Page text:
The Witches review: "Anne Hathaway aims for hammy, funny villainy, and has a whale of a time"

Anne Hathaway in The Witches
(Image: © Warner Bros/HBO Max)

GamesRadar+ Verdict

It’s ‘Hello Dahl-y’, as Anne Hathaway’s Grand High Witch brings camp not creepiness to Zemeckis’ entertaining fairytale.

Why you can trust GamesRadar+ Our experts review games, movies and tech over countless hours, so you can choose the best for you. Find out more about our reviews policy.

Did you have the pants scared off you as a kid by the fearful face-peeling fun of Nic Roeg’s 1990 adaptation of The Witches? If so, good news: Robert Zemeckis’ family-friendly crack at Roald Dahl’s dark fantasy is more heartwarmer than seat-wetter.

Flaunting his veteran storytelling skills and Forrest Gump-style retro-setting knack, Zemeckis transplants the story to small-town ’60s Alabama, where Octavia Spencer’s wise granny cheers up her suddenly orphaned grandson Boy (a nicely natural Jahzir Bruno) with big love, Motown music and a pet mouse. But the film blooms into full-on colourful, campy style when Granny whisks them to a posh seaside hotel to escape a prowling local witch.

As Boy and new friend Bruno (Codie-Lei Eastick) are transformed into mice by a child-hating witches’ convention masquerading as a charity, Zemeckis uncorks a crate of CGI, with purple potions sending projectile rodents whizzing through the air. But Anne Hathaway’s wackily vampy Grand High Witch, with her wriggly extending arm-claws, Cruella De Vil costumes, and Joker-style slashed demon mouth sets the film’s tone to cartoonish rather than creepy. Unlike the haughty horror of Anjelica Huston’s 1990 turn, Hathaway aims for hammy, funny villainy, and has a whale of a time doing so.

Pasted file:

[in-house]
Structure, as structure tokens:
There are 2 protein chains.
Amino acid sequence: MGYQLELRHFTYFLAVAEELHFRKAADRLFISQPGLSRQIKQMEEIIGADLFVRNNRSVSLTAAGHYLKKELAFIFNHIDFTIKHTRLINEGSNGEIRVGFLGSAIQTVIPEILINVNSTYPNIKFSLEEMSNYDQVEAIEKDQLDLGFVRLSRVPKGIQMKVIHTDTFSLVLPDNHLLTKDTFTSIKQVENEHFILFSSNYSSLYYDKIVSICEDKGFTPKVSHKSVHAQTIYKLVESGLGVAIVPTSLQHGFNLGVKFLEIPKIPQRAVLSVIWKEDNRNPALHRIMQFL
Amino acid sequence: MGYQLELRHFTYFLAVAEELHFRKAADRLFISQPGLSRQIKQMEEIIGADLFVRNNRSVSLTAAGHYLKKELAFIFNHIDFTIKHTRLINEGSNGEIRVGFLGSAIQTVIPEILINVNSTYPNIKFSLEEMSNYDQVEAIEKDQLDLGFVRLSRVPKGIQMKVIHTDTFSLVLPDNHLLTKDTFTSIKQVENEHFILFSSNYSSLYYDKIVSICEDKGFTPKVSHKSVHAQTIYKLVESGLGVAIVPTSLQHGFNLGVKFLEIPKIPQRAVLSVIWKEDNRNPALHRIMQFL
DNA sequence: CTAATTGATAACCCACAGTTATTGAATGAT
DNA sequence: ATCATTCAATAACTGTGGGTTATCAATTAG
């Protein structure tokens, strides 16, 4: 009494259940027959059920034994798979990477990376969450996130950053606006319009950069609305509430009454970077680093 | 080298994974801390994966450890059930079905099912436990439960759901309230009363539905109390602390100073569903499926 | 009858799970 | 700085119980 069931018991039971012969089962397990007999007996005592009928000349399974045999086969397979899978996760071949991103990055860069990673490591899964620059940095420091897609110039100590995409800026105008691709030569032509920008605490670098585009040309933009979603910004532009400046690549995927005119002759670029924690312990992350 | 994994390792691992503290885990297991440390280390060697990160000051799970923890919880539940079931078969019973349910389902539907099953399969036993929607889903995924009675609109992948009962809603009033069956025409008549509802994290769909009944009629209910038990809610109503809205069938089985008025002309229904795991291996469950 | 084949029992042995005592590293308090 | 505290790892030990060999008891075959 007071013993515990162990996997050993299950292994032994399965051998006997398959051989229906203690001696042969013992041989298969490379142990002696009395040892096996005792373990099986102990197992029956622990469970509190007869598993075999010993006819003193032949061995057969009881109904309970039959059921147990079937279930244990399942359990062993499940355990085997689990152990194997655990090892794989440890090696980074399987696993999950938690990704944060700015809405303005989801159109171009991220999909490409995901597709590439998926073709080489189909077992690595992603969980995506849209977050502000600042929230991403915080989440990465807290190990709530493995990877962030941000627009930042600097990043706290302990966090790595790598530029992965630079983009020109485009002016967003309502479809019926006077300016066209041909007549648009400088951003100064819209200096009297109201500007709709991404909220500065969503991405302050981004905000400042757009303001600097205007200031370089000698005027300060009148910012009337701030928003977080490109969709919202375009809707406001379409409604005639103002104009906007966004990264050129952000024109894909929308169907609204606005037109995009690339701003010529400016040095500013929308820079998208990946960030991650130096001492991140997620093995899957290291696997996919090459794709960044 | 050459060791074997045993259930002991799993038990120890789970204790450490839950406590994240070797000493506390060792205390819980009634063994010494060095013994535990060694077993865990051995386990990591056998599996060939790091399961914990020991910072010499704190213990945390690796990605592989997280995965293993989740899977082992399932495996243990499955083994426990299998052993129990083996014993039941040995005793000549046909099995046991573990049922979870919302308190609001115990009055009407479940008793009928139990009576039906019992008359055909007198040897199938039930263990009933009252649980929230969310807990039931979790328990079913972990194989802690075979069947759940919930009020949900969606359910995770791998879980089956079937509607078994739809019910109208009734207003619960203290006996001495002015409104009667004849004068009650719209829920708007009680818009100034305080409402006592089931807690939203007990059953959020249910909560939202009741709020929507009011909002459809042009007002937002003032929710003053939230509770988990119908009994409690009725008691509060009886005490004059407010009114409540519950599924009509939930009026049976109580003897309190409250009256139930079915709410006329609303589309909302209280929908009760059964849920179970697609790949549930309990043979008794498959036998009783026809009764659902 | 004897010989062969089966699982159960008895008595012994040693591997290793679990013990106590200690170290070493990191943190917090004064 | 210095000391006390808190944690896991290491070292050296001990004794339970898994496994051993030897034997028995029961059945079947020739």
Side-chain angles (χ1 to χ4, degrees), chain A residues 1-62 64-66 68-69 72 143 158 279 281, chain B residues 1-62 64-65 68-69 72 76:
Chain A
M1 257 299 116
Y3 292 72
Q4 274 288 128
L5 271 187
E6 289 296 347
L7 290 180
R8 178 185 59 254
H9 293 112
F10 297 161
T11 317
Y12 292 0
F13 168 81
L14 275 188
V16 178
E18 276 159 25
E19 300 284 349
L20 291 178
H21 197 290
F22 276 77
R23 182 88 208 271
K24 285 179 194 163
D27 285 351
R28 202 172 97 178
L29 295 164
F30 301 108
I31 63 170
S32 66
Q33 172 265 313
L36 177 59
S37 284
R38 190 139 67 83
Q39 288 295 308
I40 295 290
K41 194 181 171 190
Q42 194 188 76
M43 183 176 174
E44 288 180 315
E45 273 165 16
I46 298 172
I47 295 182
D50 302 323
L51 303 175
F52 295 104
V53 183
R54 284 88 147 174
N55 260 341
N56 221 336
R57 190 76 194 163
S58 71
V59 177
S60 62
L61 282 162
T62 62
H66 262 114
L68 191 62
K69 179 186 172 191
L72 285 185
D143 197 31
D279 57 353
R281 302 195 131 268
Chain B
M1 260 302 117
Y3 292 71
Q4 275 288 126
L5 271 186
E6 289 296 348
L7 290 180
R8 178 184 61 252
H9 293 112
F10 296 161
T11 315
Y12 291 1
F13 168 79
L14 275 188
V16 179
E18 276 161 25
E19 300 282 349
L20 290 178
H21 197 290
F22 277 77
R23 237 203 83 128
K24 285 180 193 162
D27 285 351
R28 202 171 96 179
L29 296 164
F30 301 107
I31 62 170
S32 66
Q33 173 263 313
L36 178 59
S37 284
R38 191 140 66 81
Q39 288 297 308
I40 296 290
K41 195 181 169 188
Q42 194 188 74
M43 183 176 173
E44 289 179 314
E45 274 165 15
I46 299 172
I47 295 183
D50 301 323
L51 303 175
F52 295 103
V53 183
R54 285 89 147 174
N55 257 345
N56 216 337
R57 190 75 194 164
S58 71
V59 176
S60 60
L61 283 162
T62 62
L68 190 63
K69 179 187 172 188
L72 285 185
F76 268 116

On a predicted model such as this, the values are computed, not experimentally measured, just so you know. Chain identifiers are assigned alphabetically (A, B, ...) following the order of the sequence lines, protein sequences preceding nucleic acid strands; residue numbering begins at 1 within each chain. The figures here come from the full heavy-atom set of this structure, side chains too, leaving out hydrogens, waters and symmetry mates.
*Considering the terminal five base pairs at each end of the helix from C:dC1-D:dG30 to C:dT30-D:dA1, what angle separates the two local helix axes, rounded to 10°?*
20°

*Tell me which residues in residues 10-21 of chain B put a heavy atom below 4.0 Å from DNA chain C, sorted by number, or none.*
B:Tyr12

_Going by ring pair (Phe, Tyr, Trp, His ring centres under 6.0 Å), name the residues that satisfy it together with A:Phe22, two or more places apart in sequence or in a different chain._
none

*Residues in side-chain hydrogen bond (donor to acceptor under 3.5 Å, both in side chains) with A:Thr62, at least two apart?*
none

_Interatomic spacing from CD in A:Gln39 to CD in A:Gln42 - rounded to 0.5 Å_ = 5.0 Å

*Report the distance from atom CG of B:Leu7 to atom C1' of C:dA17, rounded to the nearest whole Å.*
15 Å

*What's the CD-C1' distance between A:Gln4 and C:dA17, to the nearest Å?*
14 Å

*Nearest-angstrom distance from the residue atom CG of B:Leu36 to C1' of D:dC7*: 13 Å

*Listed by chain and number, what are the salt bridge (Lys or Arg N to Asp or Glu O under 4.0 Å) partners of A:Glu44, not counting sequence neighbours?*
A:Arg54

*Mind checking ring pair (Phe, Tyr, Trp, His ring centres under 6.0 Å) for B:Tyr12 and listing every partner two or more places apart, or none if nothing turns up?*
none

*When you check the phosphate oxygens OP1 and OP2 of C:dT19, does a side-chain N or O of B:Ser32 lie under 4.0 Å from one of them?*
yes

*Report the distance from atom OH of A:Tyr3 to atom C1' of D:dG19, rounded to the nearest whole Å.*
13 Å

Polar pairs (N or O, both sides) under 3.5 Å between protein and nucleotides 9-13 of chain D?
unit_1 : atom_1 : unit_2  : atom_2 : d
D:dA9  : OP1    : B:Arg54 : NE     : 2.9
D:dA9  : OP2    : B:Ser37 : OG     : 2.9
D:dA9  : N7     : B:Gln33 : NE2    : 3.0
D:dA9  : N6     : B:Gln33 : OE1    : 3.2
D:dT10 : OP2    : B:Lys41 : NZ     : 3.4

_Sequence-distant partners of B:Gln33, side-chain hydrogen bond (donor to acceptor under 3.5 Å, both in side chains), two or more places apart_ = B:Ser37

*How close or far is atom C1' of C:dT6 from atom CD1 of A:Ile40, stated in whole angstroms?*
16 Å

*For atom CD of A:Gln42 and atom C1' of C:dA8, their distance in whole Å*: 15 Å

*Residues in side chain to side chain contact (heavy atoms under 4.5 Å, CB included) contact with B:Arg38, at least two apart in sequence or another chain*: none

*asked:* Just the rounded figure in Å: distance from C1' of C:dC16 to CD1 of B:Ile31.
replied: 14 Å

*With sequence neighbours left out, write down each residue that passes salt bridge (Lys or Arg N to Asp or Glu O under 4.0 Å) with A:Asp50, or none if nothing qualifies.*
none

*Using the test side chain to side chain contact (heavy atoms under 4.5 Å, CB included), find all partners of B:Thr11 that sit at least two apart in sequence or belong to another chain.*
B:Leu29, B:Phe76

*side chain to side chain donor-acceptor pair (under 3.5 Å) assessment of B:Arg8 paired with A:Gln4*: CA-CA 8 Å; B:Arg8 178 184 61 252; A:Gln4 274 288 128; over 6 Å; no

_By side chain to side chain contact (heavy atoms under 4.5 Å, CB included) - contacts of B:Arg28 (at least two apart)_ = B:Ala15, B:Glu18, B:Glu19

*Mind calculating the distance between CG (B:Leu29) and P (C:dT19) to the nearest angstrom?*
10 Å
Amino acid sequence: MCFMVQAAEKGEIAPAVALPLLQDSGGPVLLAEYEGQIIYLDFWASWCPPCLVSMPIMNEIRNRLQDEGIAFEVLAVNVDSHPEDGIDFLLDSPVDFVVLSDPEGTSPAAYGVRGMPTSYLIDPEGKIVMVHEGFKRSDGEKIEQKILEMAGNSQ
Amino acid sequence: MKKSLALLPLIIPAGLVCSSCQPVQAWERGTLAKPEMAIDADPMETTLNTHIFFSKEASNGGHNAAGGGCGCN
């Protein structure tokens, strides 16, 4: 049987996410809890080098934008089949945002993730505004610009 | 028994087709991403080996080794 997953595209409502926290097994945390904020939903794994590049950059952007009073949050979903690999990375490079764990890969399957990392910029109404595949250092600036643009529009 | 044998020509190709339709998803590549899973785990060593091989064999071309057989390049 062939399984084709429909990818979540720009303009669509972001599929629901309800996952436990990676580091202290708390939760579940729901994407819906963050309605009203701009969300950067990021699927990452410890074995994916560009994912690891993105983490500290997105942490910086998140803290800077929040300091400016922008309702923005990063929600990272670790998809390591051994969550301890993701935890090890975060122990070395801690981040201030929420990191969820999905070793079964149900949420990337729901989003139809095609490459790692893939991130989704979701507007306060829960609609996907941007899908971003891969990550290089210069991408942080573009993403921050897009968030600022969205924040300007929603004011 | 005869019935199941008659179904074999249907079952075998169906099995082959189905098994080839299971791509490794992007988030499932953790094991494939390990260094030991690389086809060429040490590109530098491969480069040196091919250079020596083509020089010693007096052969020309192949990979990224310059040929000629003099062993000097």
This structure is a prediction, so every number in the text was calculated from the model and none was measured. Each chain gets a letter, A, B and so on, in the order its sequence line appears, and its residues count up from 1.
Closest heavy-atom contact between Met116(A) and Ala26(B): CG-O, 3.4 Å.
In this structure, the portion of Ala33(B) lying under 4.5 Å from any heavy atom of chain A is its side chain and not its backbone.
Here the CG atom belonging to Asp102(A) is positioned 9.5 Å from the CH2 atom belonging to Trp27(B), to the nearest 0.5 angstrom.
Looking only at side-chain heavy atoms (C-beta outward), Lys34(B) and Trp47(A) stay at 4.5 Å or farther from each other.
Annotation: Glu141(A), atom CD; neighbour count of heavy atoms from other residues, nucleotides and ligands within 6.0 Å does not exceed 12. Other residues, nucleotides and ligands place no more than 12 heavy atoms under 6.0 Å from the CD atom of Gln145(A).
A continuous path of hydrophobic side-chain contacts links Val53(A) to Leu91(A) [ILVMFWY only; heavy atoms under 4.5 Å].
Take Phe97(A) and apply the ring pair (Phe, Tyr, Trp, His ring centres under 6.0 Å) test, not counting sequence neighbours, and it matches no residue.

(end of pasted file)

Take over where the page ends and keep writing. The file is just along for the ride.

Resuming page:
As Boy and co. battle the witches’ global kid-crushing plan, the film shifts into Stuart Little territory, investing in air-vent dashes and comic confrontations. This is a tale of kid-rodent courage and ingenuity rather than a big-scale action-adventure, one that may feel dated to some. Its cosy, child-centred action really needs more distinctive Matilda-esque Dahl cruelty to ginger it up.

Still, its thoughtfully diverse setting, full-throttle pace and message of resilience and responsibility give it enough heart and half-pint horror for a family Halloween viewing.

More info

Available platformsMovie
Freelance Writer

Kate is a freelance film journalist and critic. Her bylines have appeared online and in print for GamesRadar, Total Film, the BFI, Sight & Sounds, and